Saturday, August 27, 2005

the summer winds on

In the vacant lot down the road the sweetbriar seed pods have begun to ripen. It is one of my favorite plants,a rose (also known, more poetically, in England, as eglantine) with small pink single blossoms and large, sweet rosehips. The leaves smell like apples, and perfume the air for a long way after the rain. In this field there are also chicory flowers, sky blue and white, and Queen Anne's Lace. For a gardener I have a strange fondness for weeds, and places where nature pushes into the midst of the town.
The vacant lot is where a lot of my street friends sleep from time to time. In the early morning, or late at night, while I am walking one of my dogs, I will come across one of them. Usually I move quietly, trying not to wake them, after first checking to make certain they are still breathing. It's not something to take for granted, breath and life, not in this little town. If I wished, I could tell the tales of--what--maybe 20 dead souls, found under the bridge between this town and the next, or dead at the post office next door (that was a murder, and a sad story; the man spent his last day listening to music in my shop. He liked Mozart a lot, and told me about his family. He'd just gotten out of jail.), or dead in the fields, or by the road. Some suicides, some overdoses, a couple murders.
And this is, all in all, a sweet little town, where my Down Syndrome teen wanders safely, watched by other shop keepers and my street friends. What would it be like in the city?
My city friends, however, tell me they don't encounter the numbers of deaths, or the stories, I do here. So perhaps the intimacy brings these lives and deaths closer? I don't know.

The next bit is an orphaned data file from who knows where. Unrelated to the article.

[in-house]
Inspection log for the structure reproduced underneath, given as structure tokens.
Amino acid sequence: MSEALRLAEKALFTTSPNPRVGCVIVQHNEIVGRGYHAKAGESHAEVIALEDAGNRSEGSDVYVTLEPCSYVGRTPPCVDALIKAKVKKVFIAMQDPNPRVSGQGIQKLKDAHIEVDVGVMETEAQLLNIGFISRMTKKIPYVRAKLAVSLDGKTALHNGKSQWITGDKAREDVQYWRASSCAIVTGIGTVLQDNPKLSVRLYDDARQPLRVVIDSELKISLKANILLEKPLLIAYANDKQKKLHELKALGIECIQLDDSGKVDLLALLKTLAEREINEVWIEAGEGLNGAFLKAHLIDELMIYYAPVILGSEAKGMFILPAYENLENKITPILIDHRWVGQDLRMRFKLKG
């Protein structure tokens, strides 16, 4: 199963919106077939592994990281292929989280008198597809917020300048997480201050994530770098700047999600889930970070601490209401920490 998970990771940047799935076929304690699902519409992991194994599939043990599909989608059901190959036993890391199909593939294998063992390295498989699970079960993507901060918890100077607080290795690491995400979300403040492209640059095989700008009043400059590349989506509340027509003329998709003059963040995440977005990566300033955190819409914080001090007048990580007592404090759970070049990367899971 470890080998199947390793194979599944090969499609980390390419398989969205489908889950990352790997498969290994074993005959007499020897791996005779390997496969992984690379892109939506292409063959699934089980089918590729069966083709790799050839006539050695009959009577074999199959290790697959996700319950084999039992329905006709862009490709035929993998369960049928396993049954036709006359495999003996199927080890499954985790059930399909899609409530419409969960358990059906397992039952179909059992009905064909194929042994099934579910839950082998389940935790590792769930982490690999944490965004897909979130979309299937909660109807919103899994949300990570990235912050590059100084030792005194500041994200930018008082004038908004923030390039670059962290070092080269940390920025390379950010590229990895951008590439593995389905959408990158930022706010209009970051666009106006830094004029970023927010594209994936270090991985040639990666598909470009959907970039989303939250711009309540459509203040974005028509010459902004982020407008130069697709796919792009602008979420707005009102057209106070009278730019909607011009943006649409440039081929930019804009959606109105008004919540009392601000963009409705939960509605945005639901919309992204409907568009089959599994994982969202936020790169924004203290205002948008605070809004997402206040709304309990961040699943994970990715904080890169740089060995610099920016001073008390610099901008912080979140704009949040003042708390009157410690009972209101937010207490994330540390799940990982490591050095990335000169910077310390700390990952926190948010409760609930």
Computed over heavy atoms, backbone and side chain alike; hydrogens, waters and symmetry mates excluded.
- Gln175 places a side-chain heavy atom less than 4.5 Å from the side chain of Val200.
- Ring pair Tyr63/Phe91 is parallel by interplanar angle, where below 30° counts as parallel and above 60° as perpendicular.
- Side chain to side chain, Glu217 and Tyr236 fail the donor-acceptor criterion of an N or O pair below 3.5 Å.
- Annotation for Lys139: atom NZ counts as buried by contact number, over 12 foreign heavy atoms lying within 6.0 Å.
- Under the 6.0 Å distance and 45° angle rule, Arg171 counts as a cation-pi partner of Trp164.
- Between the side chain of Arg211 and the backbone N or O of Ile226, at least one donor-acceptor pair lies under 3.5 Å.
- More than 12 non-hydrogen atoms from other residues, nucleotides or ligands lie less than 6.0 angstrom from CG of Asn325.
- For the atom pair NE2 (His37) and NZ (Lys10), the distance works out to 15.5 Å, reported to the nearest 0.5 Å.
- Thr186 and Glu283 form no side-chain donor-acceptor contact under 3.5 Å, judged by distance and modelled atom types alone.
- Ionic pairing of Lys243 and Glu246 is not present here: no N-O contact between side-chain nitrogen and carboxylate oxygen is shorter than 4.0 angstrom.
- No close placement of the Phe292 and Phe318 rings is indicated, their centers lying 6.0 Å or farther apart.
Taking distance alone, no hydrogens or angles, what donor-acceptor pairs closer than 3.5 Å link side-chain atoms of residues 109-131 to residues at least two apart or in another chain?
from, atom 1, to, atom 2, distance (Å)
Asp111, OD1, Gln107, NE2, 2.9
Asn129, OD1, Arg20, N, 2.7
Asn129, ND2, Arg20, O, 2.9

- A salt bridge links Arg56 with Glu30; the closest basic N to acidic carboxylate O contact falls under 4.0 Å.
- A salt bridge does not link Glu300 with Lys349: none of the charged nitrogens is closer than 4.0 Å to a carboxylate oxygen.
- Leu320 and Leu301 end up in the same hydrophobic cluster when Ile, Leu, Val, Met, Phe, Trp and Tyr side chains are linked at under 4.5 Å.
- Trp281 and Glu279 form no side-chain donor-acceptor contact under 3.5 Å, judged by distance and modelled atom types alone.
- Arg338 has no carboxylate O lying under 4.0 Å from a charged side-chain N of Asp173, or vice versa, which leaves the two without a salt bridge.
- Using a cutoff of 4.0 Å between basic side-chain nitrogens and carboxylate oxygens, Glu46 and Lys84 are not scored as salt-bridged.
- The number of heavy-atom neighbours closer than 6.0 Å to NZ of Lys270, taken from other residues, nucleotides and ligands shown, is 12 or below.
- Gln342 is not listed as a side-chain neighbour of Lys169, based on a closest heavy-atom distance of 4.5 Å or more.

Today in the middle of the shop a huge cauldron of kale soup sits. Folks come and go, taking second and third helpings. For some it is the only meal they will have today. My yuppie tourist customers also eat their share, and they are welcome to do so. They tell me it is a odd place, this multipurpose bookstore in the middle of nowhere.
They call it the lost coast, out here where we live (and I wish we were closer to the actual sea--we are about 20 miles inland). Last night my partner and youngest meandered out one of the dirt roads to the tiny cottage of a good friend. It was my friend's birthday. He's a naturalist, who always chides me that I love the wrong birds and the wrong plants, but who has a kind heart. His home perches on a rock many hundreds of feet above one of the creeks flowing to one of the rivers. It is beautiful, and somewhat terrifying: a sheer, inescapable drop. But my friend perches there happy and secure as one of the hawks who live nearby. We had icecream soup (melted icecream, because we got lost getting there) and chunks of cake and wine. For my son, raspberry soda. We watched the stars come out and the dust settle, and ended up talking about the war--one of the other visitors is the peace ambassador from our county, soon to go to DC. I think, really, I would rather have talked of birds.


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